Query: James Edgar "Johnnie" Johnson Signed Spitfire Print

Discussion in 'Military History and Militaria' started by Tremaine, Jun 1, 2009.

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  1. This might be one of the places to put this question. and we'd be grateful for any help. The question is, would a print purportedly signed by Johnnie Johnson (the highest scoring Western Allied pilot against Luftwaffe aircraft, thus becoming the British, and Western Allied flying ace, with the greatest number of victories in the European Theatre of World War II) be really worth £50.00 and how would we know it's genuine?

    In a local antiques emporium, there's print titled "RAF Sealand" and showing what it says is a Spitfire LF.16E TF-248 "DW-A"
    610 (County of Chester Squadron) Royal Auxiliary Air Force.

    The Print has at the bottom of it: (C) Dugald Cameron 1987 No.248
    Also on the print are the words "June 1956 Squadron prints Ltd. Glasgow."

    The emporium is selling the print as "Spitfire Print, signed by four pilots, including Johnnie Johnson, and there are four signatures including what appears to be Johnson's signature.

    The Print "is a bargain" they say, at £50.00. If this is a genuine piece and the signtures are genuine, our little group would buy it and donate it to a charity yet to be decided.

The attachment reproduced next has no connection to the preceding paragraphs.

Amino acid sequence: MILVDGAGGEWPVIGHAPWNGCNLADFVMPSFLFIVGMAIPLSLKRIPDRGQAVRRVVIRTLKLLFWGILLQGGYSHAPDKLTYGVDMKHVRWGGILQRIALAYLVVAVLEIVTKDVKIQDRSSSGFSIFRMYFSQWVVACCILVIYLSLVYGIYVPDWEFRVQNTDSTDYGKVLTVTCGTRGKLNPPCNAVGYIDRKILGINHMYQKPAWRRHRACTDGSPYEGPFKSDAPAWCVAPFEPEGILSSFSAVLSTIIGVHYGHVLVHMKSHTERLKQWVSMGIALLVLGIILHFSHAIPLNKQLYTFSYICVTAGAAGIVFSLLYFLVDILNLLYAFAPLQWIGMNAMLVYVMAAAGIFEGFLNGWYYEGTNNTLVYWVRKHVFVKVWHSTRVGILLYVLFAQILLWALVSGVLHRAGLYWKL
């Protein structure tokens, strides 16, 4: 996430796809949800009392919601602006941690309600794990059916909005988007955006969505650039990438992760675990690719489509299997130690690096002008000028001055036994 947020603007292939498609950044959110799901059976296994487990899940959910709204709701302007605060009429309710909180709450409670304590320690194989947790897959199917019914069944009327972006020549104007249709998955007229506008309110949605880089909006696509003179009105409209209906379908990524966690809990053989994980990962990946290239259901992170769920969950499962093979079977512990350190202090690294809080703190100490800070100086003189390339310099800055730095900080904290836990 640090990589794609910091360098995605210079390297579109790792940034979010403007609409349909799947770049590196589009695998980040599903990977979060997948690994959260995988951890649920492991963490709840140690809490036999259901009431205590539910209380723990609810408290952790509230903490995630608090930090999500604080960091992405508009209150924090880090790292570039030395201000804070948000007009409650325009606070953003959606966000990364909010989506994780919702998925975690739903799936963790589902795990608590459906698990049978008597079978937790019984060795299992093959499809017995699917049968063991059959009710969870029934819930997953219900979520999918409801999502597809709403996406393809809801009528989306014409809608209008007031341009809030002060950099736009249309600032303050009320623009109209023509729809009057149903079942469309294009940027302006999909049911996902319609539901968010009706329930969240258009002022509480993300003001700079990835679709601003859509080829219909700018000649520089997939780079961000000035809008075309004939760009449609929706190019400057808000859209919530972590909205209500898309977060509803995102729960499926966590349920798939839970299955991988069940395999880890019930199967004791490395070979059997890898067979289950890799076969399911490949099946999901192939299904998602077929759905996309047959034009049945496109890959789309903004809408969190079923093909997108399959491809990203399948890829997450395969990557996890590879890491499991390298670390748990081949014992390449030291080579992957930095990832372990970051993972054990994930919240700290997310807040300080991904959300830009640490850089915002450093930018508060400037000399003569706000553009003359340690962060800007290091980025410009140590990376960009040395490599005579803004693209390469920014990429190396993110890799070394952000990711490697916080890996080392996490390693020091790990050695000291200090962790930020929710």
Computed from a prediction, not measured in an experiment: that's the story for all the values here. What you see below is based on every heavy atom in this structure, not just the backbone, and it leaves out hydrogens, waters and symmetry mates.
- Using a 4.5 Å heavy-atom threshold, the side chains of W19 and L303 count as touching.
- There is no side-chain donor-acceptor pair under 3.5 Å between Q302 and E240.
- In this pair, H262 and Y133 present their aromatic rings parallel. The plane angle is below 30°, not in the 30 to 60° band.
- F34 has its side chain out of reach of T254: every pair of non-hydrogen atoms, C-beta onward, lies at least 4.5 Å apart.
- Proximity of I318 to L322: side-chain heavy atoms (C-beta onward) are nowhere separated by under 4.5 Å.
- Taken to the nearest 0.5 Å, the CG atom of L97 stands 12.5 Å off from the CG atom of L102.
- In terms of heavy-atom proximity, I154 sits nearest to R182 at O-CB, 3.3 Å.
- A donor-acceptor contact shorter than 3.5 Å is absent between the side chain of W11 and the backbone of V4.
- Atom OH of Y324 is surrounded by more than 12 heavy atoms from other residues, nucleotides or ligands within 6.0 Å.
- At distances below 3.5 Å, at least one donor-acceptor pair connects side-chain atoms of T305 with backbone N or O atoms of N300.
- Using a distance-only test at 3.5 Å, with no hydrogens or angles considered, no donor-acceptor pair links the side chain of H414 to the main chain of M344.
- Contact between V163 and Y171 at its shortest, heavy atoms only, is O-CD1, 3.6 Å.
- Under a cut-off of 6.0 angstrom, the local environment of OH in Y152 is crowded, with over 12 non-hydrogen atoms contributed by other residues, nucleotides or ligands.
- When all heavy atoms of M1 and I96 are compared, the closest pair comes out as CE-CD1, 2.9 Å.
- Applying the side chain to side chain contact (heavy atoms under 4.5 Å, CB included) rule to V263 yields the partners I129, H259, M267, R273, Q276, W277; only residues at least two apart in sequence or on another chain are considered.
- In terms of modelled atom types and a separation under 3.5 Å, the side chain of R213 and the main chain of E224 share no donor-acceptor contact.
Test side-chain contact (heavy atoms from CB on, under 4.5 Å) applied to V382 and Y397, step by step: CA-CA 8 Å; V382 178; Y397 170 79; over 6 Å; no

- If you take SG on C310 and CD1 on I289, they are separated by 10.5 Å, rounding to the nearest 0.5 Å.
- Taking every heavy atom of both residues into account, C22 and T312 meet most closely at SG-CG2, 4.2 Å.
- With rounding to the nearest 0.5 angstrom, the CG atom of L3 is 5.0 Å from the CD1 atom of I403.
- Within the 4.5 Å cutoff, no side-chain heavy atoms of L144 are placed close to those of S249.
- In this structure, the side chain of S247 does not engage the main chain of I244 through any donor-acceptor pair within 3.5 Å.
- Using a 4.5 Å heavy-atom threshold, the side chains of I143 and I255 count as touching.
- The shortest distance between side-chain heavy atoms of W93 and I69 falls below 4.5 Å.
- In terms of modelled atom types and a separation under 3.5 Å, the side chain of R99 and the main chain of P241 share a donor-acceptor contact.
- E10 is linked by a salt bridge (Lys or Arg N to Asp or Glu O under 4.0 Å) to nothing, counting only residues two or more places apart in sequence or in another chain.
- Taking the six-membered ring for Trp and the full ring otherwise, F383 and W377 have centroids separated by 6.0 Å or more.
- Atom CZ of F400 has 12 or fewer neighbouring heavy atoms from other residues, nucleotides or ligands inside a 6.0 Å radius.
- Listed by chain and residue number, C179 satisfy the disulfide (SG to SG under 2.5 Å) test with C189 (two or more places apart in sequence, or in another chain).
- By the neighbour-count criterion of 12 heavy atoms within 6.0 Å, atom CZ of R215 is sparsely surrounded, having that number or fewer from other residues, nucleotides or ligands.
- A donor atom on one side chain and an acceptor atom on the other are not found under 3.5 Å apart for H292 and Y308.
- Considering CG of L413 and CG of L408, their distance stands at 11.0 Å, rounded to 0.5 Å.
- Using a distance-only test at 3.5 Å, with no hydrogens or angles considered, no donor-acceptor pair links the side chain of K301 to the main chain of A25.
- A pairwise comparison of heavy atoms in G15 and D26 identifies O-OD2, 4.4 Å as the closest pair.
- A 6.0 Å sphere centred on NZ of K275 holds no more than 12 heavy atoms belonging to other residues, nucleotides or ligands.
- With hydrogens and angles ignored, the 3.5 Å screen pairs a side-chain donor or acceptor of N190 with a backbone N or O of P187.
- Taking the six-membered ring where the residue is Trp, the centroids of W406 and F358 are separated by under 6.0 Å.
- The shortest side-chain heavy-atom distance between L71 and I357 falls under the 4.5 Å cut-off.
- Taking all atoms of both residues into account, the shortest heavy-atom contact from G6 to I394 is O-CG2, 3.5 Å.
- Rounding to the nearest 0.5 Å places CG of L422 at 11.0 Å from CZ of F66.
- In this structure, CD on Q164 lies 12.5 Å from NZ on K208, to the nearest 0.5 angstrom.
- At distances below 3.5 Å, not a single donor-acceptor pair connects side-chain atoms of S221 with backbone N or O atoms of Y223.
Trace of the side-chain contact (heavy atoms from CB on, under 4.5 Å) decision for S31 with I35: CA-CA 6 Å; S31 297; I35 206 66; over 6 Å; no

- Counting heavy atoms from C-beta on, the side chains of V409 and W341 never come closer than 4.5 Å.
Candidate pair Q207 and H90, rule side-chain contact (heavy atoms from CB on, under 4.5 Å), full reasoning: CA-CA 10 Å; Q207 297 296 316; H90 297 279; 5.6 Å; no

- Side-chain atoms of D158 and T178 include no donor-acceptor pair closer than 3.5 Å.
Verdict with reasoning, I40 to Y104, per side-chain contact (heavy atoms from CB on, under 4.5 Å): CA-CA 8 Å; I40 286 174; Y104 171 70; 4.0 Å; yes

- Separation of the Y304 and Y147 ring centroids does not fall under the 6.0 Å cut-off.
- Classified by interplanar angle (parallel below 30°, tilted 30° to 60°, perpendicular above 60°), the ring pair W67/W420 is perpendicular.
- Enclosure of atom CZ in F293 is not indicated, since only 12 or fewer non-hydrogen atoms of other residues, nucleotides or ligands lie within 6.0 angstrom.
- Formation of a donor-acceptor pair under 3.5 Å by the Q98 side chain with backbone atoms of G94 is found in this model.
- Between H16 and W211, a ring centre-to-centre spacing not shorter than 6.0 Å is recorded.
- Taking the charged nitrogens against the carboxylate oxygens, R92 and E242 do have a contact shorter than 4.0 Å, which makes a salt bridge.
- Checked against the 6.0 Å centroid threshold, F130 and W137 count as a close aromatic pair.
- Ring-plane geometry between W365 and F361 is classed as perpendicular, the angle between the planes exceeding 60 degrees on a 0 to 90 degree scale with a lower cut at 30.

2. Two oddities to start with. First, if it says 'Dougal' on the actual print, that's a surprise, since the artist who produces these items is called Dugald Cameron. Second, the Squadron Prints website suggests that the company was established in 1977, so a 1956 date is a bit strange too...


    However - Dugald Cameron and Squadron Prints certainly do special edition signed prints - http://www.squadronprints.com/signed.htm

    As you can see from the prices, a print signed by a VC (Bill Reid) goes for £50, and print 246 (not 248) fits the bill. It is there for £8, but that's in unsigned condition, of course. I think, but can't be sure, that Squadron Prints used to have signing sessions where they'd have some WW2 chaps autographing the various posters, and they may have done this with Johnson. Equally, someone may have obtained the signatures of Johnson and others at a dining-in night at Sealand (say for Battle of Britain day), or elsewhere.

    Johnson was CO of 610 during the Dieppe raid, so there is a tie-in there rather than a random signature applied to a mark of Spitfire he didn't actually fly with the squadron to the best of my knowledge.